The elevated vantage point of Across the Park reflects Hassam's keen awareness of the changing skyline. Hassam's predilection for elevated views began to materialize earlier in his career with works such as Union Square in Spring (Smith College Museum of Art, Northampton, Massachusetts) from 1896. An even earlier impetus behind such pictures, both in content and style, was his exposure to the works of the French Impressionists Claude Monet and Camille Pissaro during his stay in Paris between 1886 and 1889. Both French artists used an elevated perspective to produce panoramic images of Parisian parks and the surrounding city. The lingering influence of the French Impressionist techniques finds reference in Across the Park. Hassam observed later in 1898, "From the tops of the enormous buildings one can get magnificent sweeps along the rivers and over tops of buildings." ('New York Beautiful,' Commercial Advertiser, New York, January 15, 1898, p. 9)
The "magnificent sweep" created in Across the Park illustrates Hassam's brilliant painting techniques and reinforces his reputation as one of America's greatest Impressionist painters. Through deft handling of brushwork and composition, Across the Park becomes a tantalizing visual diplay of color, light and atmosphere. Hassam employs a steady yet broken brushstroke that infuses the work with a tactile quality that energizes the scene. The short, staccato strokes enliven the trees, give movement to the riders and the figures on the street and enhance the surfaces of the sheepfold in the foreground as well as in the massive buildings in the background. This sophisticated handling of paint combined with a jewel-like palette emphasizes Hassam's atmospheric effect of a sun-filled day. In Across the Park Hassam creates the rejuvenating warmth of a spring day composed of luminous greens, yellows and blues. From this dominant color scheme emerges the contrasted brilliance of orange, red and white seen in the trotting horse, the slow moving carriage and the brick walls of the sheepfold. Hassam bathes the work with intense sunlight that does not diffuse the scene, but lends form and texture to the figures, buildings and landscape.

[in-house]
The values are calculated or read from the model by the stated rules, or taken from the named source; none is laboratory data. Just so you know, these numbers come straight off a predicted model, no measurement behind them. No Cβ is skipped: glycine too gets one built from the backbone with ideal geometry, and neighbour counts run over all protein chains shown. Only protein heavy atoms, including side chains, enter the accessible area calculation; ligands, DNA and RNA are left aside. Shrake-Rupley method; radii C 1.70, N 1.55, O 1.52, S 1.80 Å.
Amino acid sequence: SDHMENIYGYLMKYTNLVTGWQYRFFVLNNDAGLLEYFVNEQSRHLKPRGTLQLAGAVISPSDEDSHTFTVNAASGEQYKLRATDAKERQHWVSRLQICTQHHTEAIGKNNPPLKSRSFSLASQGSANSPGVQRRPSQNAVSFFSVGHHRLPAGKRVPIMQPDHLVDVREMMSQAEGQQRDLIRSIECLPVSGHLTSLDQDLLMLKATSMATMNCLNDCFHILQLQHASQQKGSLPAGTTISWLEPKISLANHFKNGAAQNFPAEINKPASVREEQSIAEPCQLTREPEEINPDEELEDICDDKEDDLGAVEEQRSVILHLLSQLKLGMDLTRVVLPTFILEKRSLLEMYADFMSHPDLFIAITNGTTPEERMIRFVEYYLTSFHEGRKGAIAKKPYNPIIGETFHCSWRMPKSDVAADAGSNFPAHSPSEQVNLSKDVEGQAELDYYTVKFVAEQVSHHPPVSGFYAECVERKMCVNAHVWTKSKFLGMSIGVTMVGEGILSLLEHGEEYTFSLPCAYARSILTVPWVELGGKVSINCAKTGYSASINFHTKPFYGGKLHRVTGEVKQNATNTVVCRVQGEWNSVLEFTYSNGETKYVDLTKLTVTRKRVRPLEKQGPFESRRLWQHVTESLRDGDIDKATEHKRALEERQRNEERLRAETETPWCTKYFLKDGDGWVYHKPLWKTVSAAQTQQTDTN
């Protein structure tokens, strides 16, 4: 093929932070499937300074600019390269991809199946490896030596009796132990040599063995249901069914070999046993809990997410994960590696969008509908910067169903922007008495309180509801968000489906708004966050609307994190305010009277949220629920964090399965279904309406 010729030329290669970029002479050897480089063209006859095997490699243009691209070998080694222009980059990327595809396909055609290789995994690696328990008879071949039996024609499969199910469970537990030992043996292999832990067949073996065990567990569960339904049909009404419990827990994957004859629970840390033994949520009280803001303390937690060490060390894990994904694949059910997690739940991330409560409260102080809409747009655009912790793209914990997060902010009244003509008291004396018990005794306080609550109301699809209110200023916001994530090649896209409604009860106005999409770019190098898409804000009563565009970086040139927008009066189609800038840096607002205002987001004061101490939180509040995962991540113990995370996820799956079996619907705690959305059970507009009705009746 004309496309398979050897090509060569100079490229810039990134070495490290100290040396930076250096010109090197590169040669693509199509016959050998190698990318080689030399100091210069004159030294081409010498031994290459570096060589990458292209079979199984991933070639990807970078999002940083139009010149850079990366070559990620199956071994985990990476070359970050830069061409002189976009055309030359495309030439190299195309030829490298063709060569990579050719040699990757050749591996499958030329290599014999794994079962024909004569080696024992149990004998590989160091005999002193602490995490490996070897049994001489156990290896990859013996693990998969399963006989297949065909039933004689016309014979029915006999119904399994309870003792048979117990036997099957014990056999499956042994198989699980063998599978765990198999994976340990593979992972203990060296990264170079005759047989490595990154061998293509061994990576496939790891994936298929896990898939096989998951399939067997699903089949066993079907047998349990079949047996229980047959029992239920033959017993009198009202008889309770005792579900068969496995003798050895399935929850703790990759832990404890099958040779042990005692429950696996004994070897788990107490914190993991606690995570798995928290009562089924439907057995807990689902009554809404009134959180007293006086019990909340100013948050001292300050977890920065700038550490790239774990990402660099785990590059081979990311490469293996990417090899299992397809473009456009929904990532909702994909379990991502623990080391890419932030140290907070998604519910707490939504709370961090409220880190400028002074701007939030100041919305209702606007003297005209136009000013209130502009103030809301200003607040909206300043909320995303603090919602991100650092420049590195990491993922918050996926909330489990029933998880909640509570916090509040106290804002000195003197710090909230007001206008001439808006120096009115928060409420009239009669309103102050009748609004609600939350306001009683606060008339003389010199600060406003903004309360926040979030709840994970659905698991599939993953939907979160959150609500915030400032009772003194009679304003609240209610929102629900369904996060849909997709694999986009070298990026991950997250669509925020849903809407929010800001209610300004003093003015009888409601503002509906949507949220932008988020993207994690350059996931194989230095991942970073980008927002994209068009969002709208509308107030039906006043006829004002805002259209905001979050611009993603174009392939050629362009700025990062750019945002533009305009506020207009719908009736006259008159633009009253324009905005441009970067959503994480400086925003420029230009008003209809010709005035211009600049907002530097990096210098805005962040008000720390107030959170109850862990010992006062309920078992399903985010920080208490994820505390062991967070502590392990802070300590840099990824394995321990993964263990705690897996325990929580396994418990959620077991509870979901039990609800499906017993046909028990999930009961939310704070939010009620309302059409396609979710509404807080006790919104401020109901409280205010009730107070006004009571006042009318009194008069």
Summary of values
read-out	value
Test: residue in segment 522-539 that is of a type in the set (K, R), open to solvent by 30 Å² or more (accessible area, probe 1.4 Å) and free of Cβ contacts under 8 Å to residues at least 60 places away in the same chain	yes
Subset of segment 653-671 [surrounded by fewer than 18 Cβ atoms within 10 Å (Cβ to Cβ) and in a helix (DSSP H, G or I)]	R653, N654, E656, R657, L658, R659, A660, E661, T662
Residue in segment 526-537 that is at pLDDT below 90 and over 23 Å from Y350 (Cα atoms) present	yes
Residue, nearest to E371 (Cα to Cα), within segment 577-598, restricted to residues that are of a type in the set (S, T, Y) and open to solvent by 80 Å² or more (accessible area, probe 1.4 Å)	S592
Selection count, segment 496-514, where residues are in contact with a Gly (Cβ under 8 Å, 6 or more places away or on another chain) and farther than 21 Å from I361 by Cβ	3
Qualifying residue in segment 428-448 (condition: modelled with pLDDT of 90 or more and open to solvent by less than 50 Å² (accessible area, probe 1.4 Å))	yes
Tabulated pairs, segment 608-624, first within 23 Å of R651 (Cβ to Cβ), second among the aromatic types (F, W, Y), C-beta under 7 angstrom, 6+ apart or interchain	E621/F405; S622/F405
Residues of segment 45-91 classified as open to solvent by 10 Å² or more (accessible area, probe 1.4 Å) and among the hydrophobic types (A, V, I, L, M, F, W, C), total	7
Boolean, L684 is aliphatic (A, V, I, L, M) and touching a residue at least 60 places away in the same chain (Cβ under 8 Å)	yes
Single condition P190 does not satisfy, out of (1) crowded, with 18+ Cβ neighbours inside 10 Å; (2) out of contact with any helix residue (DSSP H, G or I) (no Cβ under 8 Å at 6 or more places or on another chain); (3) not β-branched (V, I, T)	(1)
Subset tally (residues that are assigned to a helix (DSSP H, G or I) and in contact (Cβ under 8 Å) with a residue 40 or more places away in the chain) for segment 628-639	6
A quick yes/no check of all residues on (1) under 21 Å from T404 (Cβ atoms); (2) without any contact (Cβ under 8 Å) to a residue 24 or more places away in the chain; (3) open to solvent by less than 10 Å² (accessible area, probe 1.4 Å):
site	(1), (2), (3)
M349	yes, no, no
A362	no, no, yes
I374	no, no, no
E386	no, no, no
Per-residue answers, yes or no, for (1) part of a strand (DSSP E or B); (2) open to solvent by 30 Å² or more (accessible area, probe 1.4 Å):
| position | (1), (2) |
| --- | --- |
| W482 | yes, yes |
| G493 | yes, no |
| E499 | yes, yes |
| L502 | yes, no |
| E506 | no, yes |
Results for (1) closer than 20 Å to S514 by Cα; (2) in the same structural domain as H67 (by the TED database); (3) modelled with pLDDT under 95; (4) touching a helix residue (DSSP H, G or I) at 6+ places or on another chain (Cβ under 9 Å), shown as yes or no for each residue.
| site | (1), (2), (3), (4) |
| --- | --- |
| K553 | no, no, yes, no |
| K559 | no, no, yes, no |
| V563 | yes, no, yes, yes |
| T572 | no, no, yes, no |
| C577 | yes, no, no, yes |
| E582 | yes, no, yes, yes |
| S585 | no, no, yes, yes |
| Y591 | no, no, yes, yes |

Hassam's compositional techniques in Across the Park further underscore the visual impact of the work and its ability to crystallize, in a fleeting moment, a feeling of timelessness within city that is continually marching forward. The work is divided into three separate sections all of which are different in character, but are connected through form and line. Hassam visually borders either side of Central Park with a frieze-like arrangement of forms. The trees lining the sidewalk and the groups of figures walking slowing down Central Park West creates one compositional border and the irregular skyline of the buildings seen in the distance creates an impenetrable wall that is the other border. In between exists the park composed of free flowing curvilinear forms and angled lines represented in the tree tops, equestrian paths, carriage routes and the steep pitched roofs of the sheepfold. As a result, Hassam establishes a visual rhythm that demands the viewer absorb the dynamic splendour of the city.
Through Hassam's ingenious impressionistic technique, Across the Park stands as a powerful visual statement about New York entering a modern age. Hassam in an interview less than a decade later commented: "The portrait of the city, you see, is in a way like a portrait of a person--the difficulty is to catch not only the superficial resemblance but the inner self. The spirit, that's what counts, and one should strive to portray the soul of a city with the same care as a soul of a sitter." ("New York the Beauty City," The Sun, February 23, 1913, sec. 4, p. 16) Hassam's Across the Park poignantly reveals the soul of the city: the continuity of change.
This painting will be included in Stuart P. Feld's and Kathleen M. Burnside's forthcoming catalogue raisonn of the artist's work.